Sunday, February 04, 2007

A Bowl of Meat

Posted by olvlzl.
It would be good if some of the ink and outrage spent last month over the rather odd looking deal between the Disney and Pop Warner corporations would be spent on what the playing itself does to the children who may have been shaken down by these big businesses.

The case or the retired football player, Ted Johnson*, is a disturbing story of the possible results of the cult of toughness and the callous indifference to athletes’ personal welfare that is known as “team work”. The story shouldn’t stop with him.

He dates the decisive incident of brain damage, they’re using the milder term, “concussion”, in 2002. He was an adult. If an adult was unable to resist the peer and corporate pressure that led him to go back to practice instead of retiring which would probably have saved him and his family a lot of confusion and pain, how can children be expected to? As has been mentioned here before, children who are encouraged to play football** and risk the only brain they are ever going to have are not adults. They don’t have the maturity or sufficiently developed personalities to resist the pressures to conform. They are at the beginning of the regime of conforming to the entirely artificial and unnecessary devotion to “the team”. They are at the age when it is instilled. They are at the beginning of the process that can end in catastrophic and permanent brain injury. Which is the more important thing that needs the protection of adults and the media, children’s brains or their money?

In one of the stories about Ted Johnson deciding to break the wall of silence on brain damage in football, one of his former team mates, who asked to remain anonymous, had this to say:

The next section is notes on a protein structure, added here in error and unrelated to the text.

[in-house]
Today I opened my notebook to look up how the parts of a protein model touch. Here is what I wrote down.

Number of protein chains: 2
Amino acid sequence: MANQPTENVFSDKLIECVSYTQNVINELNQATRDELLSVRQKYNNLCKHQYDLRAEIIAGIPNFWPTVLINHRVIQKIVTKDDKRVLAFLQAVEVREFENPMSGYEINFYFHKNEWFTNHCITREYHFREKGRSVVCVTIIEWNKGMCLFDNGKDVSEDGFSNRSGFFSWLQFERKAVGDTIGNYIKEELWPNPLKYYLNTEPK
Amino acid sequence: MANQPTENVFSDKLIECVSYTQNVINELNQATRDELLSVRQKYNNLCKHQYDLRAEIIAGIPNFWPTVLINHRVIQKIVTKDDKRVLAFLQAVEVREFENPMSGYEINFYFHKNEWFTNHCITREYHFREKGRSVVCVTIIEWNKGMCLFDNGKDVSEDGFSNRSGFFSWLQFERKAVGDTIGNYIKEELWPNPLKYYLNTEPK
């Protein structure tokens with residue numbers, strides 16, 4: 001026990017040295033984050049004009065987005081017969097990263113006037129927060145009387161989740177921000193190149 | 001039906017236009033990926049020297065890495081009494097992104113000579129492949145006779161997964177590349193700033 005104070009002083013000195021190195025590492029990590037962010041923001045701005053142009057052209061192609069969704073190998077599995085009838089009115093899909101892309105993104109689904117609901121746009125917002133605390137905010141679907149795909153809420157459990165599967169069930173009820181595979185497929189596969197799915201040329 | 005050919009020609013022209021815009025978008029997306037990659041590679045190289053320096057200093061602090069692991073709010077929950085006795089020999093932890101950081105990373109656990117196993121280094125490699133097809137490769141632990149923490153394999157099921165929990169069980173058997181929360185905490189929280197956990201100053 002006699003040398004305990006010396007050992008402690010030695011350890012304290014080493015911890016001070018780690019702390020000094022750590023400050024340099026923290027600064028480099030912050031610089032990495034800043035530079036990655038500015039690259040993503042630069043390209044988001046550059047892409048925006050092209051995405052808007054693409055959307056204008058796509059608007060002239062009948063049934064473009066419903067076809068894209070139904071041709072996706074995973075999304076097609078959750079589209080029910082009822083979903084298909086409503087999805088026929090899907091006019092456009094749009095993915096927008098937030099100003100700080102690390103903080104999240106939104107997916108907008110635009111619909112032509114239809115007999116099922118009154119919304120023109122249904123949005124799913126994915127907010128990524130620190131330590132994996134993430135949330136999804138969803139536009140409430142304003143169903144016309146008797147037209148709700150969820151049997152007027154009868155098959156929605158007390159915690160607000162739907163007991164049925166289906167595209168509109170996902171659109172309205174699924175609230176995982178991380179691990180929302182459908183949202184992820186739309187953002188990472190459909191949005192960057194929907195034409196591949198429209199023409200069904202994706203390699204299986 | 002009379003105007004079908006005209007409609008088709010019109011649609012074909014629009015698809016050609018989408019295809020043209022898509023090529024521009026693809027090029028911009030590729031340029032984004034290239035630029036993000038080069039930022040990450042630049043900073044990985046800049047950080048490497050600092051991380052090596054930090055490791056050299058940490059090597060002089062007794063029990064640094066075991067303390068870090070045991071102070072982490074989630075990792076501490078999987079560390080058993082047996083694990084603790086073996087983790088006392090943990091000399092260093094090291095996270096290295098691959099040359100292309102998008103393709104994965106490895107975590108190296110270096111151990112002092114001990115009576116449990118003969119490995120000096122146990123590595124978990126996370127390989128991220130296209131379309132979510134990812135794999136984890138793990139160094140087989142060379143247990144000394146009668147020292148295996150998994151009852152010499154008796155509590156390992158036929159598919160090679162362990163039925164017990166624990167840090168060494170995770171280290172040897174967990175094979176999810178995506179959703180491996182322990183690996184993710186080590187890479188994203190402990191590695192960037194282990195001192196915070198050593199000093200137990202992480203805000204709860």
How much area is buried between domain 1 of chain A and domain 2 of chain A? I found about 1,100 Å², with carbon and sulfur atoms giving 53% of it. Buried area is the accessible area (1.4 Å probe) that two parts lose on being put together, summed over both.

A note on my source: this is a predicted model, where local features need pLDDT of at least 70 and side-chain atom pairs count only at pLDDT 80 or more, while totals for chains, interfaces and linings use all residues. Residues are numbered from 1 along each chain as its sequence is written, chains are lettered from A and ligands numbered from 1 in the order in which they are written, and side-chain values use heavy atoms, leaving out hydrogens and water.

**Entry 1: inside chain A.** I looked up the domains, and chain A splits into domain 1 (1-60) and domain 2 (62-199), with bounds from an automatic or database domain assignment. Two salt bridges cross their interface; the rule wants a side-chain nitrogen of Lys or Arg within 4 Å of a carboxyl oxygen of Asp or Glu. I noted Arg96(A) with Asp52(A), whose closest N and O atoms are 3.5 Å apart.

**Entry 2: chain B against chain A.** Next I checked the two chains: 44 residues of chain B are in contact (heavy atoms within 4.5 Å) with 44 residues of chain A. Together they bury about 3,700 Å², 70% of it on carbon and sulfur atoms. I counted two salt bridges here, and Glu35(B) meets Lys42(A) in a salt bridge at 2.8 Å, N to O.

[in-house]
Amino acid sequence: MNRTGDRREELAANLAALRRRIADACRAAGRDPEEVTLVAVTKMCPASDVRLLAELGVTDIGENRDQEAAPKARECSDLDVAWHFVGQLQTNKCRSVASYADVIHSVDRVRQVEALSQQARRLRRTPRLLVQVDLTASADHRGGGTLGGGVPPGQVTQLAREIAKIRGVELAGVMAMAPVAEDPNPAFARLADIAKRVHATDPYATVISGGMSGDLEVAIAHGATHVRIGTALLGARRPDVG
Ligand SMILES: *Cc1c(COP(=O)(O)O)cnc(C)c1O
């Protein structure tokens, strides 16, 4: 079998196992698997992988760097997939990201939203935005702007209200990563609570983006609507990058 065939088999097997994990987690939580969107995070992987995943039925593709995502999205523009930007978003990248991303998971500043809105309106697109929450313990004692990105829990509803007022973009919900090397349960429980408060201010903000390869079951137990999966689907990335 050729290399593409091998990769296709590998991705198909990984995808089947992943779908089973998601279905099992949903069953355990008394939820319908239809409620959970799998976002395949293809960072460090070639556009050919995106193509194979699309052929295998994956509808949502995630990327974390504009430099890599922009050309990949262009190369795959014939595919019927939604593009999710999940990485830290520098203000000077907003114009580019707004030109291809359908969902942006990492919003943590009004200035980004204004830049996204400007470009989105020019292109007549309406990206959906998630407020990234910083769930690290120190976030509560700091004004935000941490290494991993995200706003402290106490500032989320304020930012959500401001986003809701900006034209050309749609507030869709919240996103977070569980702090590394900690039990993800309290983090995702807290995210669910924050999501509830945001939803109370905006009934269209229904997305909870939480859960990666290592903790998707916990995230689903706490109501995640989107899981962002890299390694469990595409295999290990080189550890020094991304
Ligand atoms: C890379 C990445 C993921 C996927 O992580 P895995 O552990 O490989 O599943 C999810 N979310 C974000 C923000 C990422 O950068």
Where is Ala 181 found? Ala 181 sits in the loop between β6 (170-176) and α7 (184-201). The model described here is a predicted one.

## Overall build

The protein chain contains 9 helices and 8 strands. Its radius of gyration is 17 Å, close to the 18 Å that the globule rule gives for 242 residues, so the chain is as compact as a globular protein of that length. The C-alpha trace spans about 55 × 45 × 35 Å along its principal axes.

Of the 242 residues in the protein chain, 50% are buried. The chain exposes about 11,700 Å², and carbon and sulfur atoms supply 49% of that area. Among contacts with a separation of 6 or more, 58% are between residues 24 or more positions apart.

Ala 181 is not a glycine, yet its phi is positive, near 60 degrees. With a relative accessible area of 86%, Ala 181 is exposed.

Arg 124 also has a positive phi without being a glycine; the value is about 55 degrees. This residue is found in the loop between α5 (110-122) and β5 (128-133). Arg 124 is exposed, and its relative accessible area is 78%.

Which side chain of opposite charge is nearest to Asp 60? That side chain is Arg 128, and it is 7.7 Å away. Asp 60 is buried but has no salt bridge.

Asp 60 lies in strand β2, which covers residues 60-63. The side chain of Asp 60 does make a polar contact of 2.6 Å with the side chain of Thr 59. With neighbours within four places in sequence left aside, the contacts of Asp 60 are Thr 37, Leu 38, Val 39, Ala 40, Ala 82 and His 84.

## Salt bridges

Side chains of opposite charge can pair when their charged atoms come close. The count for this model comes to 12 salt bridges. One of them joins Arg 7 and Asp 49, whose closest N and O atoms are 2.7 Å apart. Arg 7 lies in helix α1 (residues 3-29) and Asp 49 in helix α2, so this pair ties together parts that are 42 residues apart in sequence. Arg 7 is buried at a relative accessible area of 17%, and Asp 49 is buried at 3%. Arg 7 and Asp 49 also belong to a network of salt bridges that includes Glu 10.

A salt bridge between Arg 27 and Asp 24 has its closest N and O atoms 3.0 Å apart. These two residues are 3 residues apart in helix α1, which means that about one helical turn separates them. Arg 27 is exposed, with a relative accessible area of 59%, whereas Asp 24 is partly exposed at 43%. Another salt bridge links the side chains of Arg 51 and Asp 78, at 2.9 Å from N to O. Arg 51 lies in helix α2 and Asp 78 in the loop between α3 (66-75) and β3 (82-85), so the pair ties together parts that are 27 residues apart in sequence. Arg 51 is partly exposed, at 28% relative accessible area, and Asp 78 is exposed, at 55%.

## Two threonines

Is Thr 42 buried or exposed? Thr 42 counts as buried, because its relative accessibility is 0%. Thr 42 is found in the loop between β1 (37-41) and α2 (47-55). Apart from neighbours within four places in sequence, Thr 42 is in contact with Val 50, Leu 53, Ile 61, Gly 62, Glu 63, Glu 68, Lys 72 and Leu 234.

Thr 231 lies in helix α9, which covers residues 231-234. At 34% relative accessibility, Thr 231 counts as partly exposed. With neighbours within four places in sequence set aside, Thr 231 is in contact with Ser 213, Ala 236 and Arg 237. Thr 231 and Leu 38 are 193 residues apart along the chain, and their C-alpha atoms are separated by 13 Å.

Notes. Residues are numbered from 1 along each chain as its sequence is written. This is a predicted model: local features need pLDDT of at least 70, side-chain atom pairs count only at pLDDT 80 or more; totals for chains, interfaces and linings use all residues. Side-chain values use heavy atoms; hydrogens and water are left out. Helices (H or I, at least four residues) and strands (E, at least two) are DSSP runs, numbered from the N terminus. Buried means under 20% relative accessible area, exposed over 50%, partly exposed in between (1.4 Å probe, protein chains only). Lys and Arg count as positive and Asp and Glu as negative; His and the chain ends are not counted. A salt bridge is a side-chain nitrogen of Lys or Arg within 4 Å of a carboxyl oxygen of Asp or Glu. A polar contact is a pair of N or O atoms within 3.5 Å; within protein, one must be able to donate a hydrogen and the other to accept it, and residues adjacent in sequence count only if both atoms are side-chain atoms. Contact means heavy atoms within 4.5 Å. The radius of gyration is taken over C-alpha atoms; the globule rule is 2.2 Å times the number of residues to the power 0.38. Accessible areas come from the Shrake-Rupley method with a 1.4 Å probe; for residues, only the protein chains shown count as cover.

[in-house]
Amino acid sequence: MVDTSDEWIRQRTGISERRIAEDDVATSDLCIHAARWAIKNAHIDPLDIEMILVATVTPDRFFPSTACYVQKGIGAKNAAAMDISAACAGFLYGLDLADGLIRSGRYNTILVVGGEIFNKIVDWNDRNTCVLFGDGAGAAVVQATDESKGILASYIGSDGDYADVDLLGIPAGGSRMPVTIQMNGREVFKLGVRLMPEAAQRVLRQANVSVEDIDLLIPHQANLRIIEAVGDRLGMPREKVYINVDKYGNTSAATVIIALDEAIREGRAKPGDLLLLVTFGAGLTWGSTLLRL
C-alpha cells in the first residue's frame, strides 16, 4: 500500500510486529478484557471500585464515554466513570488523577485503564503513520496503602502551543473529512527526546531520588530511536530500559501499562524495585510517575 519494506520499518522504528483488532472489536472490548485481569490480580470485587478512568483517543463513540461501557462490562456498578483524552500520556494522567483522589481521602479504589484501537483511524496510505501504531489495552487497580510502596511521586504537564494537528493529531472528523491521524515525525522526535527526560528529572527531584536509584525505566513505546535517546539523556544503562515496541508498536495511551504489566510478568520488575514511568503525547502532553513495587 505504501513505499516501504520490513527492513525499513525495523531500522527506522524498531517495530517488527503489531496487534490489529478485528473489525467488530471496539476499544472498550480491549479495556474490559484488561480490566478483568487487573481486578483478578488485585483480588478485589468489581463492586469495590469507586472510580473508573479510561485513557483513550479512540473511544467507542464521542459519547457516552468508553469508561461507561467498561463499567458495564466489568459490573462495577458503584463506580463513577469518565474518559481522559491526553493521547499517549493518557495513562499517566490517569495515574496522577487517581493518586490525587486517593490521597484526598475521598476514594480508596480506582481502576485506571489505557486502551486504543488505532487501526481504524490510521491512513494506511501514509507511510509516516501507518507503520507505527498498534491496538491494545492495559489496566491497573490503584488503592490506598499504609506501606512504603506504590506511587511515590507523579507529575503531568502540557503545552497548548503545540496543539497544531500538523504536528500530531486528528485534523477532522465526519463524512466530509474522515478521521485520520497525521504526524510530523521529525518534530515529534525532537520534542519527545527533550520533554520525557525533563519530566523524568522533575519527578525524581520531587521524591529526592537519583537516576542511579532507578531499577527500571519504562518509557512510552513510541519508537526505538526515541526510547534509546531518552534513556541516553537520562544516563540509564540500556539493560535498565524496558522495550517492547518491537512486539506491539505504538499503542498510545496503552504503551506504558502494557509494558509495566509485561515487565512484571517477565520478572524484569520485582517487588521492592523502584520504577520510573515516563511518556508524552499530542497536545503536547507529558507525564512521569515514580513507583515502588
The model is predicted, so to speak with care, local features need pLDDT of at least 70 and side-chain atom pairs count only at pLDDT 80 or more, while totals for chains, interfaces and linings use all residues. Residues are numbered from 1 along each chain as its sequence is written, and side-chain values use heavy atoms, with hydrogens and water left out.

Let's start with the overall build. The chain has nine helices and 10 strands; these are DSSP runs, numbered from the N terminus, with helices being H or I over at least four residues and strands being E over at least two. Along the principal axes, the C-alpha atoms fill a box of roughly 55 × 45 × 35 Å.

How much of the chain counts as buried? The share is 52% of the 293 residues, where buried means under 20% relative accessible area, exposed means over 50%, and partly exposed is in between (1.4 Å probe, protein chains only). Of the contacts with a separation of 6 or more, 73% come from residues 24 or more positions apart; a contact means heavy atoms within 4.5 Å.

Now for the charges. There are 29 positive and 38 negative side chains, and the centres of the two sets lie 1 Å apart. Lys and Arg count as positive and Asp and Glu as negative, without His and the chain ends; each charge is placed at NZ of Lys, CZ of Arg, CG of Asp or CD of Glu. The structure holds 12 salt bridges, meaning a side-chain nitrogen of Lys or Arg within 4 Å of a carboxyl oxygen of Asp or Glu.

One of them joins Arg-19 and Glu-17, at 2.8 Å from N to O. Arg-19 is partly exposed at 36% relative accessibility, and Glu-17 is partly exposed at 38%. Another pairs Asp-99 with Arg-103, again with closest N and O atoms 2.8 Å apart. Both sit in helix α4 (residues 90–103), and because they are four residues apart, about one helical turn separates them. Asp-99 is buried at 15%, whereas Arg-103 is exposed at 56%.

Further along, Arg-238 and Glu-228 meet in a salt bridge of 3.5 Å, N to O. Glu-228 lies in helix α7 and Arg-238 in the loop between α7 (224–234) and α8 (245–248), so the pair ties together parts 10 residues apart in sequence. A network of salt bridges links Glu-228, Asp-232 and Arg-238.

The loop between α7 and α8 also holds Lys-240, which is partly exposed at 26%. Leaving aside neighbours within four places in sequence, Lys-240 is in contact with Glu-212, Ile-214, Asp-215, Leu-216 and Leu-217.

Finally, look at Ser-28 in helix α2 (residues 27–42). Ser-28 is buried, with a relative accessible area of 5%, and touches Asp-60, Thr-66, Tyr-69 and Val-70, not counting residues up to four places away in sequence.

“I’m not saying what the team did was right. But if Ted thought his health was in danger, he never should have put on that blue jersey, You have to be your own advocate.”

His coach, Bill Belichick, said:

“If Ted felt so strongly that he didn’t feel he was ready to practice with us, he should have told me,”.

Let’s start with the fact that while he was supposed to be making these decisions he was, in fact, already suffering injuries that impeded his thinking. He was also being subjected to the direct peer pressure of his team mates, including in a massively ironic twist, one Tedy Bruschi, who very famously suffered a stroke. During the period when he was supposed to resist the pressure to put the team before his damaged brain he was also threatened with the suspension of his contract if he didn’t return. I’d say that his union did more than just let him down. So, a man schooled in the culture of football, suffering confusion and fuzzy thinking, perhaps expecting to end up entirely incapacitated and perhaps broke, was expected to “be his own advocate,” in face of what can only be called an onslaught of pressure to risk more damage. Be his own advocate. It’s always interesting to see the power of a cliche to entirely eclipse reality even for those living through it.

There seems to be some resentment of Ted Johnson for making this story public. The stories and reports about him keep mentioning how beloved Ted Johnson was with the fans and his team mates during his playing days. Where did the love go? And what does “love” mean in this context? Football players aren’t dead meat to be consumed by the football industry. They shouldn’t be pressured into treating themselves that way.

I hope that Ted Johnson makes a recovery. I wish other athletes would talk about what they’ve lost due to their participation in the sports industry. I wish more would show his courage and break through the wall of silence. I wonder what this tells about us as a country.

I’d planned on doing a humorous post about the homoerotic language of football but reading this story this week sort of put me out of the mood.

* I couldn’t get a link but this is based on the reporting in the Boston Globe beginning with the story “I don’t want anyone to end up like me” on Friday, February 2. Not being a sports fan I probably wouldn’t have read it if it wasn’t for the look of anxiety in his picture. Some of the comments are from TV and radio. Yes, in fulfillment of my duties here I went so far as to listen to sports reports.

** Brain injury is also a feature of other sports, soccer, hockey... As someone pointed out the last time I posted on this subject.